There has been a new focus on the empowerment of patients through enhanced engagement and robust shared decision-making (SDM). Health literacy is a strong social determinant of health. Inherent in both SDM and health literacy is strong communication between provider and patient, centered on informed consent (IC). With this effort in mind, it is critical patients understand the importance of informed consent and its elements. Concurrently, there is an obligation for physicians to have a strong understanding of IC to effectively communicate crucial information. Patient centered care requires efforts to place IC and communication high on the list of objectives of care.
For patients understanding the correct questions to ask will dramatically alter and likely enhance the care they receive. It is equally important for physicians to understand what information is needed by patients and present it in an unbiased and understandable way.
Patients increasingly are encouraged to become vocal advocates of their own health and savvy consumers. Many patients research and Google their symptoms /diseases, bringing this new found knowledge to their care givers. The informed consumer will enhance a synergistic physician patient relationship rather than a dependent one. While no one suggests an equivalency of years of training and clinical experience of providers to a focused education by patients, the more patients know, the better choices they can make to fulfill their personal preferences for care. SDM should be the goal of patients and caregivers.
Many physicians and administrators have viewed informed consent for years as being an inconvenience, requiring a signature on the bottom of a form. Informed consent is much more than that. By soliciting the participation of the patient in their own care there is greater understanding and compliance in treatment regimens. The new scrutiny of patient satisfaction, Hospital Consumer Assessment of Healthcare Providers and Systems (HCAHPS) scores and patient reported outcome measures (PROM) further incentivizes caregivers to become knowledgeable about informed consent. Much research supports enhanced perceived quality of life and emotional well-being with SDM. Additional research also confirms greater compliance in patients with SDM.
Informed consent legally requires caregivers to communicate the risks, benefits and alternatives, including the risk of doing nothing, to patients. The frequent question arises, “Must all risks benefits and alternatives be communicated?” The answer is “Clinicians must communicate all risk alternatives and benefits that a reasonable patient would want to know who is in that patients situation”. The “reasonable person “ standard creates an objective basis for disclosure to minimize the self-serving hindsight assessment that all people have when a risk unfortunately occurs but the balance is the requirement to give information that a patient similarly situated would wish to know, which adds a subjective component. A good example would be disclosures of the risks of shoulder surgery, which may be more expansive to a major league pitcher than to an opera singer. The requirement for disclosure balances objective and subjective components of decision-making.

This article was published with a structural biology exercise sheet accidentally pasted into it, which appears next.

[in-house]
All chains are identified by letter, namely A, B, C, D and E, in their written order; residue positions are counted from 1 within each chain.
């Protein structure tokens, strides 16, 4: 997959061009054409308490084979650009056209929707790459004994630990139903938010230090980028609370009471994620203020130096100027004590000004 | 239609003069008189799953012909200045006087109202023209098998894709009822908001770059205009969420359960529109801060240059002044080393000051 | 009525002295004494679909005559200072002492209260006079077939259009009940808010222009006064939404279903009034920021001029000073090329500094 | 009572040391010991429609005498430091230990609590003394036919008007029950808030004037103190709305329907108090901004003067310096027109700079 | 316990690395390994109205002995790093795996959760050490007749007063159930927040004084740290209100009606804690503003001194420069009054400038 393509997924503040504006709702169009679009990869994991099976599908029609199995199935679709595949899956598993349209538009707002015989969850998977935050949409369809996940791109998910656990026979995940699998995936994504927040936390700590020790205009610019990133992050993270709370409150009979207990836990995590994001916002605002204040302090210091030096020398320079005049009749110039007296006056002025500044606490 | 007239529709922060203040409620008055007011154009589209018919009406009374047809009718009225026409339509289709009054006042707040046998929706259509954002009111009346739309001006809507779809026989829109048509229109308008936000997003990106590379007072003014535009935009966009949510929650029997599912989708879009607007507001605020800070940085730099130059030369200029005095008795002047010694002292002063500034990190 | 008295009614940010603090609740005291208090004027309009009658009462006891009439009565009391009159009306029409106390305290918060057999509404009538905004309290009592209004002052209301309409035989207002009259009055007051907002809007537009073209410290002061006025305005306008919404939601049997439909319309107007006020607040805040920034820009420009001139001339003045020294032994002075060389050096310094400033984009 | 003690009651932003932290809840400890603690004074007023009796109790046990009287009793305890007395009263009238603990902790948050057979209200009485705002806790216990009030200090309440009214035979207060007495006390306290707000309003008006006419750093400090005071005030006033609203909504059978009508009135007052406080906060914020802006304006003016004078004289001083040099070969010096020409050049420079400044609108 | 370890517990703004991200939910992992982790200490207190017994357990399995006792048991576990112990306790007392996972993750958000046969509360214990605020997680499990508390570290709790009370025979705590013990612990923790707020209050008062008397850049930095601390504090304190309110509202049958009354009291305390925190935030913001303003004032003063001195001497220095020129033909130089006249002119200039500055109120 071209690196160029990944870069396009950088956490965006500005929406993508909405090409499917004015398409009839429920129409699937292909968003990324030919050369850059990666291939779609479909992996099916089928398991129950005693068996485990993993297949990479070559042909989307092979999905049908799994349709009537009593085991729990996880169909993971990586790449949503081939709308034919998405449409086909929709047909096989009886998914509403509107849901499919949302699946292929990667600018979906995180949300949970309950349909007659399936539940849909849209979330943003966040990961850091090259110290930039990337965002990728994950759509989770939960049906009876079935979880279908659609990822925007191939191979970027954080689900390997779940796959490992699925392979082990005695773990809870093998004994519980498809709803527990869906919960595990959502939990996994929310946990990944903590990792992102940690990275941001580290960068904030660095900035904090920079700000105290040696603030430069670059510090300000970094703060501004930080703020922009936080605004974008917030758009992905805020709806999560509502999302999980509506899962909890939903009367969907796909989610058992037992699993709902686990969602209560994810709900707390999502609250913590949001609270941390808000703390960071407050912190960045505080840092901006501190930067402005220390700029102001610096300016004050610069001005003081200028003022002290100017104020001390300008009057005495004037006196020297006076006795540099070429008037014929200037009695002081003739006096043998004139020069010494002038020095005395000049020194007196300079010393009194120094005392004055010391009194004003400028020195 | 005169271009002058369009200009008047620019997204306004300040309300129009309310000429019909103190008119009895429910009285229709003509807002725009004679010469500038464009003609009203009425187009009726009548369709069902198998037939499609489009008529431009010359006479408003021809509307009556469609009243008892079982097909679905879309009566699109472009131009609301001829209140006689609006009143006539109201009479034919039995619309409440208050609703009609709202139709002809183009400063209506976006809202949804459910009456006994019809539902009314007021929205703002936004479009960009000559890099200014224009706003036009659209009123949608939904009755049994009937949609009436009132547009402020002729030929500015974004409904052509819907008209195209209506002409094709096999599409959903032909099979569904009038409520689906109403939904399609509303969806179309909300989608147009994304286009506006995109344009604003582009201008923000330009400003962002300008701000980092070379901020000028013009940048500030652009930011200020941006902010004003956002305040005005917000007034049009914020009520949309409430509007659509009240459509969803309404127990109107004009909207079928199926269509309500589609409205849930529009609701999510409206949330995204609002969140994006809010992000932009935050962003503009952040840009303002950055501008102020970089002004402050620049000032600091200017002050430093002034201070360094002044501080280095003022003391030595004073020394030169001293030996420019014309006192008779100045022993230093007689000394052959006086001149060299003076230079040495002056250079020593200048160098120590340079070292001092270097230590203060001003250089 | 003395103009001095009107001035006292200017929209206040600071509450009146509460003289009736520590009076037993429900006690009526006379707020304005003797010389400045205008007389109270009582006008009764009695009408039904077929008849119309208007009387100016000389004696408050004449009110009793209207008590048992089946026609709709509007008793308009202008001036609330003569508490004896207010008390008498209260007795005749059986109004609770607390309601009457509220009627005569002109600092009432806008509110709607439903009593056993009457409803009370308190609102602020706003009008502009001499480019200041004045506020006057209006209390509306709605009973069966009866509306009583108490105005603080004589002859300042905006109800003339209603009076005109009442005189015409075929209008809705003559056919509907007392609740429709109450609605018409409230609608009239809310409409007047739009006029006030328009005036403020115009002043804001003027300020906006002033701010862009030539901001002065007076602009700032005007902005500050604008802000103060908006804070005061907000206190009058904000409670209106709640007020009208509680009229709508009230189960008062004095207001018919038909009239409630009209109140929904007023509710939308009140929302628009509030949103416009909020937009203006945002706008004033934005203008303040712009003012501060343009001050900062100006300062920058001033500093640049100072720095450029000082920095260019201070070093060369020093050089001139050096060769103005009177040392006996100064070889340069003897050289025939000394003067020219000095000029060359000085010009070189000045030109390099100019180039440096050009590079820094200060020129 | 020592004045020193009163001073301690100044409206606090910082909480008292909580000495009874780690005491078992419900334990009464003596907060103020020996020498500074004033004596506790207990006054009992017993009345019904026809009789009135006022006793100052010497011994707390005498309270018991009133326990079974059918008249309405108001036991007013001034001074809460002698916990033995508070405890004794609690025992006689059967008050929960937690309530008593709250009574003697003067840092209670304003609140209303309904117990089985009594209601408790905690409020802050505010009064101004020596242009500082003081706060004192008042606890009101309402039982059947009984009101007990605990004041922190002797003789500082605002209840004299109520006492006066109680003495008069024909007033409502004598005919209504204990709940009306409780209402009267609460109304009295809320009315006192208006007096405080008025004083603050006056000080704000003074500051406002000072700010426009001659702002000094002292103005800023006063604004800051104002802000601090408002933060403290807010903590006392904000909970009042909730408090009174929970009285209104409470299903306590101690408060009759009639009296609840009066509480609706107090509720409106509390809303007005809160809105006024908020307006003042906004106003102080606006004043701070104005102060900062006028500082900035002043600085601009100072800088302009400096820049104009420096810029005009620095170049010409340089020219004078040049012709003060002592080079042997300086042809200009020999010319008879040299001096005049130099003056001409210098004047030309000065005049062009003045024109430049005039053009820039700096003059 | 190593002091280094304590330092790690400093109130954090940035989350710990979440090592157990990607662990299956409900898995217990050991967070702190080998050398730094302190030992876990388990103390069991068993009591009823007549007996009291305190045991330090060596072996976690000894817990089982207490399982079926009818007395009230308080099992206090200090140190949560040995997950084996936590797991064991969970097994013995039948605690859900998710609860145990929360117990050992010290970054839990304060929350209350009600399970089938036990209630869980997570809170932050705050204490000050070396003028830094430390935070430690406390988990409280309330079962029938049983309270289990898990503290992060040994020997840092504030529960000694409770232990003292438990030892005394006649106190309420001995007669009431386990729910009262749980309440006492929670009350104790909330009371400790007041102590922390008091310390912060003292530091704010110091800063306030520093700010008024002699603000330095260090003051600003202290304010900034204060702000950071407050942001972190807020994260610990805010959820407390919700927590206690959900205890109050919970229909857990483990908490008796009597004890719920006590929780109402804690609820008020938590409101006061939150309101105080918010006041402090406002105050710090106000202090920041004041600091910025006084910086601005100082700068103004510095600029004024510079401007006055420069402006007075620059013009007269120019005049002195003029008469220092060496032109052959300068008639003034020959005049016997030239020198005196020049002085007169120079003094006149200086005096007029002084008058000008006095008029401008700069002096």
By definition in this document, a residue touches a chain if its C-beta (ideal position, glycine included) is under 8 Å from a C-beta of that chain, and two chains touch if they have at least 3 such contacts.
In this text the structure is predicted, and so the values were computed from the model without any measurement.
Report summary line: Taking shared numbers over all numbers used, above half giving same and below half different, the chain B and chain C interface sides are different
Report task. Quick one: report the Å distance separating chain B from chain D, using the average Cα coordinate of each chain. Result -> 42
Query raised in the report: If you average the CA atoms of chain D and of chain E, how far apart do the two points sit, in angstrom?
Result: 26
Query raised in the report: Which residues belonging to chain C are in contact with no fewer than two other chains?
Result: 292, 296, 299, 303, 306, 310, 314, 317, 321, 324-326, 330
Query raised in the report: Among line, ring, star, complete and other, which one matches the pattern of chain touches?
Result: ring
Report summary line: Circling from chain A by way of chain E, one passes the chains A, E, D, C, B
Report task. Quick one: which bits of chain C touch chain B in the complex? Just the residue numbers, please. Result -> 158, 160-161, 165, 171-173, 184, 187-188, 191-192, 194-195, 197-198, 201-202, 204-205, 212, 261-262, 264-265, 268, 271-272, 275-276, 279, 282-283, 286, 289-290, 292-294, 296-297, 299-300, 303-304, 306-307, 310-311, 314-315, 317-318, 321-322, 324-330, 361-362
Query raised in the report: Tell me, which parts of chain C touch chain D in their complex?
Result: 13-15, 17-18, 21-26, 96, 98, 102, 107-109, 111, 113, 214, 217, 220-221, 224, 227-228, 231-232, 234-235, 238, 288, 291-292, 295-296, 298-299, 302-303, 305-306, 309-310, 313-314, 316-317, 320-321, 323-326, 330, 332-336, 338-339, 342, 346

Many incorrectly suggest that remote or rare risks need not be disclosed. Even remote risks which are catastrophic should be disclosed since they are so impactful and a reasonable person likely would wish to be notified. Also remote risks should be disclosed when alternatives are available that have dramatically lower risk or no risk. The best example of this is in the field of radiology. When ordering an imaging study to evaluate for liver function test abnormalities, all patients should be informed of the risk of radiation and contrast injection since US and MRI are available and do not use ionizing radiation and both tests can be performed without contrast. The importance of revealing remote risks is especially important for diagnostic tests since the patient is not having a direct therapeutic benefit for undergoing the risk, but a potential diagnostic benefit.